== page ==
In the early 1990s, Sega had a six percent market share in the US whilst Nintendo had 94 per cent — but by the middle of the decade, the Mega Drive had become one of gaming’s great success stories, with 65 per cent market share. How did it happen?
The following is an extract from Sega Mega Drive/Genesis: Collected Works, a documentary art book written by the Guardian’s Games Editor Keith Stuart and produced in collaboration with Sega of Japan. It’s published by Read Only Memory, and is out now.
It was the first week of September 1990 when the commercials hit American TV. The Sega Genesis had been out in the country for a year, quietly building a fan base with slick arcade conversions like Altered Beast and Golden Axe. With its 16-bit credentials stamped on its casing like a muscle-car badge, it was the most powerful console on the market, and had the potential to reshape gaming in its own, sleek image. But first it would have to defeat the competition. And that meant having to take out Nintendo.
But Nintendo was Goliath. The Nintendo Entertainment System (NES) was the biggest game console on the planet. Thirty million American households owned one and they were so prevalent that the word ‘Nintendo’ was synonymous with the medium. You didn’t play video games … you played Nintendo. Sega was nowhere. Its Master System — designed to compete with the NES — had barely made a dent. “We officially claimed that Sega had 10% market share and that Nintendo had 90%,” recalls Shinobu Toyoda, who joined Sega of America in 1989 as executive vice president, having been hand-picked by Sega president Hayao Nakayama to be second in command. “The truth was, Nintendo had 94 per cnet market share with their NES system. Sega had only six.”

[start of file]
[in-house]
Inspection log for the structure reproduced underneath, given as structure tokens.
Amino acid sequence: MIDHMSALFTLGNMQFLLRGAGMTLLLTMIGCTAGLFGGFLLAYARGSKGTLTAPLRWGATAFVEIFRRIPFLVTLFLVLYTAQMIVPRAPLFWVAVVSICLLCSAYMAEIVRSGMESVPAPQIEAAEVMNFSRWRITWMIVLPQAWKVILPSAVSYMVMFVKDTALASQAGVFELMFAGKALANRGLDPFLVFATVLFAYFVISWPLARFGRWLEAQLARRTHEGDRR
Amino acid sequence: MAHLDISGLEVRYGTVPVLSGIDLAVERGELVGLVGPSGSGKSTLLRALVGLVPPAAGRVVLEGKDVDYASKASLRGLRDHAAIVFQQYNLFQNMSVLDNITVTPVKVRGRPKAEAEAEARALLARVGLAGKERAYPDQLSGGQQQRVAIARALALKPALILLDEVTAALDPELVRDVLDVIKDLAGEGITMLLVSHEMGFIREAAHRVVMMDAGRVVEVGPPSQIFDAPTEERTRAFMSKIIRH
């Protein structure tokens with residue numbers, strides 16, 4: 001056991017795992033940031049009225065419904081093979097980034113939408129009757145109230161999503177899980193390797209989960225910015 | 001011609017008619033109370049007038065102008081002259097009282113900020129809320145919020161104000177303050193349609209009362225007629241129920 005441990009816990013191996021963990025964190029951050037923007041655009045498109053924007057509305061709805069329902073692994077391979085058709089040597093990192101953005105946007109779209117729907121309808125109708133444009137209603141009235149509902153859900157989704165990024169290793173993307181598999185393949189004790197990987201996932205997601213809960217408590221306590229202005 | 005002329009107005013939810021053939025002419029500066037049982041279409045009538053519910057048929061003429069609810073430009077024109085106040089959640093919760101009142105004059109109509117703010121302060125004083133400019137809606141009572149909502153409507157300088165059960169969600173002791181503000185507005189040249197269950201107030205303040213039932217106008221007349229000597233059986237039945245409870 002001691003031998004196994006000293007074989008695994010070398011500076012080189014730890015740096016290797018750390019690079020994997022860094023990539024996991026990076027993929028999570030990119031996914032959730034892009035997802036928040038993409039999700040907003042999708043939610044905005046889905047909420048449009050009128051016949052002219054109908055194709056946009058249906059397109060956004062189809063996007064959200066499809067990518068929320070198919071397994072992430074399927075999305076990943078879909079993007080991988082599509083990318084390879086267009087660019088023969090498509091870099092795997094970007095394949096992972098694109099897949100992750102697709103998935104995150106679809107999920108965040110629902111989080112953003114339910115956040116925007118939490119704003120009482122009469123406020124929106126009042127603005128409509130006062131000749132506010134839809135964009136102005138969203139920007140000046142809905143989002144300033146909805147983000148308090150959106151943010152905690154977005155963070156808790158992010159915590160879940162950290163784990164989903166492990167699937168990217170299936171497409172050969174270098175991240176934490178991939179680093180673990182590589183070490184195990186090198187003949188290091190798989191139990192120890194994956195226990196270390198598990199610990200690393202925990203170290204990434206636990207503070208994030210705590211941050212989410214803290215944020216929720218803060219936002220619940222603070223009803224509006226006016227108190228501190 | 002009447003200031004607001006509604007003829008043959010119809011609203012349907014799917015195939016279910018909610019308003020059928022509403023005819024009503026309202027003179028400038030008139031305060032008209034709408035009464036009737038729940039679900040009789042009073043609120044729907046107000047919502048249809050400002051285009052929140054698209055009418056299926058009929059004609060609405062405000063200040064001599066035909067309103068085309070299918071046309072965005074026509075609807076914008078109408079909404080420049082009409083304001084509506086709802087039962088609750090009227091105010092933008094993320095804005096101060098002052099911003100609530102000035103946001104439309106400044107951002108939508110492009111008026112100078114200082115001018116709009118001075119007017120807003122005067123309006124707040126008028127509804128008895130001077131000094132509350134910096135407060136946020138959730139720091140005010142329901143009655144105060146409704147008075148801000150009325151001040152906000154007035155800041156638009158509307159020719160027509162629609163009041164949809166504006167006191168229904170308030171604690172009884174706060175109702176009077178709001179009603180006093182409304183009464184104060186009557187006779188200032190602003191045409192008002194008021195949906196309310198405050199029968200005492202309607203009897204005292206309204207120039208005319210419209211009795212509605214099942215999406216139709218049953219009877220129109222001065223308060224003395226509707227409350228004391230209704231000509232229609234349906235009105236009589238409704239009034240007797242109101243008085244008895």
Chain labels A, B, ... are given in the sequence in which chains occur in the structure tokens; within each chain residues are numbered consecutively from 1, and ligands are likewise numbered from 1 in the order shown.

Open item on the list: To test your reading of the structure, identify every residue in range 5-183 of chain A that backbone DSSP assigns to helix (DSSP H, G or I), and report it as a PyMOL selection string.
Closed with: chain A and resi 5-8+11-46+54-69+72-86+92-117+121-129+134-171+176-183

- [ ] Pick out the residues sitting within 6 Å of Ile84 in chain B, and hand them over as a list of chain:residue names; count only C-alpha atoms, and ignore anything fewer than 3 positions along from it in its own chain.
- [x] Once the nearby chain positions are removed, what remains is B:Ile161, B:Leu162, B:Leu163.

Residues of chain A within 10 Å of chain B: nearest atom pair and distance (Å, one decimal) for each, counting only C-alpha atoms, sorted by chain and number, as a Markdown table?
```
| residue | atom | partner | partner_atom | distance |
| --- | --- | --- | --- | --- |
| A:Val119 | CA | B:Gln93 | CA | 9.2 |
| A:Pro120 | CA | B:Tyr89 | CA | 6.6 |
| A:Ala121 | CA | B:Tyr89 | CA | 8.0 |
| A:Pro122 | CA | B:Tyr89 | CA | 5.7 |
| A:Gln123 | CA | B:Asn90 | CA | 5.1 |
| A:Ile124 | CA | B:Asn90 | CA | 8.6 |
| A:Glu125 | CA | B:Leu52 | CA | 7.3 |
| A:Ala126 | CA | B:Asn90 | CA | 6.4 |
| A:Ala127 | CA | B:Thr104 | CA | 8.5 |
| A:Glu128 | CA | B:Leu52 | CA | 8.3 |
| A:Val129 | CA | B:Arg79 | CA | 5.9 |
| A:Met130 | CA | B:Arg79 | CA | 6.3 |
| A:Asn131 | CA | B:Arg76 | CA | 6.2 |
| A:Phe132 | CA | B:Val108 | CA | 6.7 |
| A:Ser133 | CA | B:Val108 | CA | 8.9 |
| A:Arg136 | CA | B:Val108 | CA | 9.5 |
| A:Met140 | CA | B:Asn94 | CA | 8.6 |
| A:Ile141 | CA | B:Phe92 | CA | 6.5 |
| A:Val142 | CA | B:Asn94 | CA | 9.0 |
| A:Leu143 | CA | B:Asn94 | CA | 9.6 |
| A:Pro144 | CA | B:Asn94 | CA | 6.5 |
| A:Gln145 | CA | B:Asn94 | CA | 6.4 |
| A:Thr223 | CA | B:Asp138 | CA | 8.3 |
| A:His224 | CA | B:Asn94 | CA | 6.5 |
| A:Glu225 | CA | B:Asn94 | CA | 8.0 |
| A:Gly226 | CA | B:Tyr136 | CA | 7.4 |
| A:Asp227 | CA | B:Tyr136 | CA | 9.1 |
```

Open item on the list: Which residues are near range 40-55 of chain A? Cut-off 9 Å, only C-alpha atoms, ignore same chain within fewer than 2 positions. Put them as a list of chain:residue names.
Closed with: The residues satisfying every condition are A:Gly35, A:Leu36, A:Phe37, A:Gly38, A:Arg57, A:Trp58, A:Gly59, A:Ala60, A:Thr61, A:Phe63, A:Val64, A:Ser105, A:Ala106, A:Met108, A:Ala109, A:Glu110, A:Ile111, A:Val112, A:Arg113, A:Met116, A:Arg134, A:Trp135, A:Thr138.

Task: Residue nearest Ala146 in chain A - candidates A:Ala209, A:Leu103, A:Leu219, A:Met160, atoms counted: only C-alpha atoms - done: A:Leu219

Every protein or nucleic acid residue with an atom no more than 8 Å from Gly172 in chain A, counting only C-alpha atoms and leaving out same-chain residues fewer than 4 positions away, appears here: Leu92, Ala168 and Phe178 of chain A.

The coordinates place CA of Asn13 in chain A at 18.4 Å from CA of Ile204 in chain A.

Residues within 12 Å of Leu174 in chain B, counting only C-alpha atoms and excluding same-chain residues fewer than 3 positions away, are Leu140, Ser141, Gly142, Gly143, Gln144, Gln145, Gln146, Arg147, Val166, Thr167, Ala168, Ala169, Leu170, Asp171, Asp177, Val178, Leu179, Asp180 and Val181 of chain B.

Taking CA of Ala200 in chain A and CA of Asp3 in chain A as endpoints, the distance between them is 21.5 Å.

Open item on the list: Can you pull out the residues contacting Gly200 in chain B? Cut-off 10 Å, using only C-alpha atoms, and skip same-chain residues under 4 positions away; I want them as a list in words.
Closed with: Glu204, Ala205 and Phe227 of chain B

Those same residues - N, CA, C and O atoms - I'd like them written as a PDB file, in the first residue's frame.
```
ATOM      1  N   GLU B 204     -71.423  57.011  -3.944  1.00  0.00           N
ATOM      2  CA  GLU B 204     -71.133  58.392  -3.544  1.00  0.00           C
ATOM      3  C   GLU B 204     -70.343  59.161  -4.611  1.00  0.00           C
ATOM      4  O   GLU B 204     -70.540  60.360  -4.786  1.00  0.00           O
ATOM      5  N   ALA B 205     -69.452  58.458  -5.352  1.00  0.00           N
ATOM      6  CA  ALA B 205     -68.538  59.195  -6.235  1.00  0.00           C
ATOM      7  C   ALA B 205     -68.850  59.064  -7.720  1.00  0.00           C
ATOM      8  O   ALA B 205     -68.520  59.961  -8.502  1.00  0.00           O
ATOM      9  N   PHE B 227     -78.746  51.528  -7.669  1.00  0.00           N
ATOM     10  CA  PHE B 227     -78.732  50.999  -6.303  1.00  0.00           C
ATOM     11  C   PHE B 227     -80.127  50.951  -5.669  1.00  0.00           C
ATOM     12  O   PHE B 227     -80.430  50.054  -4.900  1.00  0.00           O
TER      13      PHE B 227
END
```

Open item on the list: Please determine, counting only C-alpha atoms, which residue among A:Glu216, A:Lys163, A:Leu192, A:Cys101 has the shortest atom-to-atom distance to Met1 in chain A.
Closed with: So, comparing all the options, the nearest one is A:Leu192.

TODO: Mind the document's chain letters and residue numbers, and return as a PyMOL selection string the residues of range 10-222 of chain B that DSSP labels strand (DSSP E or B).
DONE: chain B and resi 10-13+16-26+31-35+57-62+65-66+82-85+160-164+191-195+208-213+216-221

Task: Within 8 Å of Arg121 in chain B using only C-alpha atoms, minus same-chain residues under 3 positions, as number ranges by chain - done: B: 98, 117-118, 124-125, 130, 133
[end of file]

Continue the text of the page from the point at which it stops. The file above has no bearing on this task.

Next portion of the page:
But Nintendo’s dominance didn’t deter Michael Katz. The president of Sega of America harboured grand ambitions. He’d been approached by founder and chairman David Rosen to establish the company’s corporate presence in America, where it had barely 40 employees — most of them in marketing and customer support. There was no real autonomy, no identity. Taking up his new position a month after the US launch of the Genesis, Katz set his sights on grabbing half the console market share … as a minimum. The battleground had to be North America.
“We had to create awareness, to make a noise and grab attention. After all, we had nothing to lose — by then we had a 2% share of the market! But I had to fight with David Rosen and the ad agency and instruct them to do competitive commercials. They were showing me all these storyboards and concepts that had nothing to do with Nintendo. I learned that it was considered inappropriate in Japan to do competitive advertising — to publicly tear down a competitor. But the rule of thumb in consumer marketing is that if you’re number two and less well known, but you have better features, you go after your rival.”